School Resources and Engagement in Technical Assistance Programs Is Associated with Higher Prevalence of Salad Bars in Elementary School Lunches in the United States

Punam Ohri-Vachaspati, Lindsey Turner, Marc Adams, Meredith Bruening, Frank J. Chaloupka

Research output: Contribution to journalArticlepeer-review

12 Scopus citations


Background: Salad bars have been promoted as a strategy for increasing fruit and vegetable consumption in schools. Objective: To examine school-level resources and programs associated with the presence of salad bars in elementary schools and to assess whether there were differential changes in salad bar prevalence based on school-level resources and programs before and after the new US Department of Agriculture schools meals standards were proposed (January 2011) and implemented (July 2012). Design: Repeated cross-sectional design. Data were collected annually between 2006-2007 and 2013. Setting: Nationally representative sample of 3,956 elementary schools participating in the National School Lunch Program. School personnel (ie, administrators and foodservice staff) provided data using a mail-back survey. Measures: Presence of salad bars in school was the primary outcome variable. School-level programs and resources were investigated as independent variables. Statistical analysis: Weighted logistic regression analyses examined associations between dependent and independent variables controlling for school demographic characteristics. Results: Prevalence of salad bars increased significantly from 17.1% in 2006-2007 to 29.6% in 2012-2013. The prevalence of salad bars was significantly higher among schools that participated in the Team Nutrition program (odds ratio [OR] 1.37, 95% CI 1.10 to 1.70), the Fresh Fruit and Vegetable Program (OR 1.48, 95% CI 1.13 to 1.95), a Farm to School program (OR 1.77, 95% CI 1.36 to 2.33), and where school meals were provided by a foodservice management company (OR 1.46, 95% CI 1.08 to 1.97). No association was found for schools with full-service kitchen, school gardens, those offering nutrition education, or those with dietitians/nutritionists on staff. Conclusions: Prevalence of salad bars increased significantly after the US Department of Agriculture school meal guidelines were proposed and implemented. It is likely that schools are using salad bars to offer a variety of fruits and vegetables to students, and schools with greater numbers of school-level resources and programs are better positioned for having salad bars.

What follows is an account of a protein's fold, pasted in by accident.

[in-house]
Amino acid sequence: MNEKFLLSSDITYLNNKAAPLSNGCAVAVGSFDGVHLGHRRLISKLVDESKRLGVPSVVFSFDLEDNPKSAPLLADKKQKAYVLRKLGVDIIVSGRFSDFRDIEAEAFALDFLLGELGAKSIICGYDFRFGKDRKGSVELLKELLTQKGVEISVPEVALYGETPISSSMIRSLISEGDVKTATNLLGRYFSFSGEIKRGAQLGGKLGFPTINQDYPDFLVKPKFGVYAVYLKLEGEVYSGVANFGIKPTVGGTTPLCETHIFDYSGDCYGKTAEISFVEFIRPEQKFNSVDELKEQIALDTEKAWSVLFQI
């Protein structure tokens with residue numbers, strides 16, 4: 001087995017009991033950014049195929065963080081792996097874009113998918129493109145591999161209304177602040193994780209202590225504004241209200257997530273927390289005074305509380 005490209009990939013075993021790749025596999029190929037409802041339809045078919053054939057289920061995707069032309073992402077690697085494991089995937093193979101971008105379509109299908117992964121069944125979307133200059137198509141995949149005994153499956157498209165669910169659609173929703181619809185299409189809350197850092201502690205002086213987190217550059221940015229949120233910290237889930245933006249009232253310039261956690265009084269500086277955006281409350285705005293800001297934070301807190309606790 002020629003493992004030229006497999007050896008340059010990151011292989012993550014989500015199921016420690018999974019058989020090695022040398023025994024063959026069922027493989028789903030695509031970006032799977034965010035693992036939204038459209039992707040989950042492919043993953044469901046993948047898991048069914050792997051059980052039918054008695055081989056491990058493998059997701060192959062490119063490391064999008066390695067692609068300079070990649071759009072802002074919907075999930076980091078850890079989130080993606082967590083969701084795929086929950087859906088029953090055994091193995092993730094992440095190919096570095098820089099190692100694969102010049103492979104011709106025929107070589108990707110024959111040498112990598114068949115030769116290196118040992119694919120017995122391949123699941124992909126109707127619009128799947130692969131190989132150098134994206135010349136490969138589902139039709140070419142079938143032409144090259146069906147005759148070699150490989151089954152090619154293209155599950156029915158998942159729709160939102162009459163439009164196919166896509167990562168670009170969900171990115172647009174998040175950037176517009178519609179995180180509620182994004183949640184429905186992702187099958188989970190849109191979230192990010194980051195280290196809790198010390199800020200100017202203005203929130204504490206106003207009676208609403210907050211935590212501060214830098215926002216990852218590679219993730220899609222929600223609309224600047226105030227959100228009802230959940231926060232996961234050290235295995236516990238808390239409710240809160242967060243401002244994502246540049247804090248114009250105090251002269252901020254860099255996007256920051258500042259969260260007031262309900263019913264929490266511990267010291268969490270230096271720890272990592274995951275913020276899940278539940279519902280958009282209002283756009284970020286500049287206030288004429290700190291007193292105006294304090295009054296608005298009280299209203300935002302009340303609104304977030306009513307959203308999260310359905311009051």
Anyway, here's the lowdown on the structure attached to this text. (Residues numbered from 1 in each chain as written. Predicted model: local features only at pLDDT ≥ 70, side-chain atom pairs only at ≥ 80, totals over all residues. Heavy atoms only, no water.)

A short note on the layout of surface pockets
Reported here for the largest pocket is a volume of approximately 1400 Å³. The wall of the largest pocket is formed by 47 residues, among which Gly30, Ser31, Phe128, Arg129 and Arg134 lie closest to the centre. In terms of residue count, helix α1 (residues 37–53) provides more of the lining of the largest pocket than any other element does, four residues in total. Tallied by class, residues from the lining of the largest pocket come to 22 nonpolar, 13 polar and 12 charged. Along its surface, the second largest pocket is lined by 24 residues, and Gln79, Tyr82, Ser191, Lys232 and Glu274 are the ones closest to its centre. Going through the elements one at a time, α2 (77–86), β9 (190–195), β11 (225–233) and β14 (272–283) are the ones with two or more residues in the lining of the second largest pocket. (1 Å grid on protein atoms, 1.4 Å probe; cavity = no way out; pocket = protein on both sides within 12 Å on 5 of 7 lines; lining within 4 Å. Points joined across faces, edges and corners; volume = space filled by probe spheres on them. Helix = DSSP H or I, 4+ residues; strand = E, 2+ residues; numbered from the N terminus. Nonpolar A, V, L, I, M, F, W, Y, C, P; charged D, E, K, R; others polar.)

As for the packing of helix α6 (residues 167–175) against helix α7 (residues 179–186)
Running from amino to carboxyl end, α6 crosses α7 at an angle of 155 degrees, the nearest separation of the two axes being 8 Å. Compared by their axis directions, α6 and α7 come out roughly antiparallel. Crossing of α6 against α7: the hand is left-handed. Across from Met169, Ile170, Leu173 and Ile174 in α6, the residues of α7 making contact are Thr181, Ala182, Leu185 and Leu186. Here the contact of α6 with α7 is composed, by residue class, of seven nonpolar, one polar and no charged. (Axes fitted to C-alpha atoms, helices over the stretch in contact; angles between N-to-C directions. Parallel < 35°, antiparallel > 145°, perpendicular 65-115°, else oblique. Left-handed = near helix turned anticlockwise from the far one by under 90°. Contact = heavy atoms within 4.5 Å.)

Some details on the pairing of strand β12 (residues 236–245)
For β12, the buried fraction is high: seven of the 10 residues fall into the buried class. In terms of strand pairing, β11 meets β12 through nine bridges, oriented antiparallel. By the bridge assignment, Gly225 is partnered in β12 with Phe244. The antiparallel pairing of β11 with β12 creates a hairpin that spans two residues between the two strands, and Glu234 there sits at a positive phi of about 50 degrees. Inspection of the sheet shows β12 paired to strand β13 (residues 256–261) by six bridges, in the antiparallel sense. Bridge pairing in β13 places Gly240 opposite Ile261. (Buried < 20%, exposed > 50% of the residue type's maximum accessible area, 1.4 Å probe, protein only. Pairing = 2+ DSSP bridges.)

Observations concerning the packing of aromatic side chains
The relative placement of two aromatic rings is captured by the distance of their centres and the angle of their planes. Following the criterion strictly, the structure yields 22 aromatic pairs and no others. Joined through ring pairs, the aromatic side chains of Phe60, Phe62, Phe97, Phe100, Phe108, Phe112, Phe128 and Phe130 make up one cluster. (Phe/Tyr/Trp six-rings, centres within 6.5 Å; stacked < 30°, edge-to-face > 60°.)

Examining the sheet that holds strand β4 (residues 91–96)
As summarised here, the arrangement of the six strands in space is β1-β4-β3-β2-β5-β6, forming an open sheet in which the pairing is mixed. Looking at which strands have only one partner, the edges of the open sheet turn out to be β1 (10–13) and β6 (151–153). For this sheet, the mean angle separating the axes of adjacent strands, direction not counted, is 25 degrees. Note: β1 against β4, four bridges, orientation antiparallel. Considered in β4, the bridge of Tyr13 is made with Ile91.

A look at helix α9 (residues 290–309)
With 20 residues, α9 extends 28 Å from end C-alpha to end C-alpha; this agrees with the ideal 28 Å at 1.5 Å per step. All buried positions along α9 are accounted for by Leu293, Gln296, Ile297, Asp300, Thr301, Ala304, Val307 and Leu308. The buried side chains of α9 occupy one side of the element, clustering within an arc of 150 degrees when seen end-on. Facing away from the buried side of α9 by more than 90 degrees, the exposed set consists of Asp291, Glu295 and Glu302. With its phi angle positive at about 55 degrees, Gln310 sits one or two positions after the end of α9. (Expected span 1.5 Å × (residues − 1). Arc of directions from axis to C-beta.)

Original languageEnglish (US)
Pages (from-to)417-426
Number of pages10
JournalJournal of the Academy of Nutrition and Dietetics
Issue number3
StatePublished - Mar 1 2016


  • Elementary school
  • Fruit and vegetable
  • Salad bars
  • School meals

ASJC Scopus subject areas

  • Food Science
  • Nutrition and Dietetics


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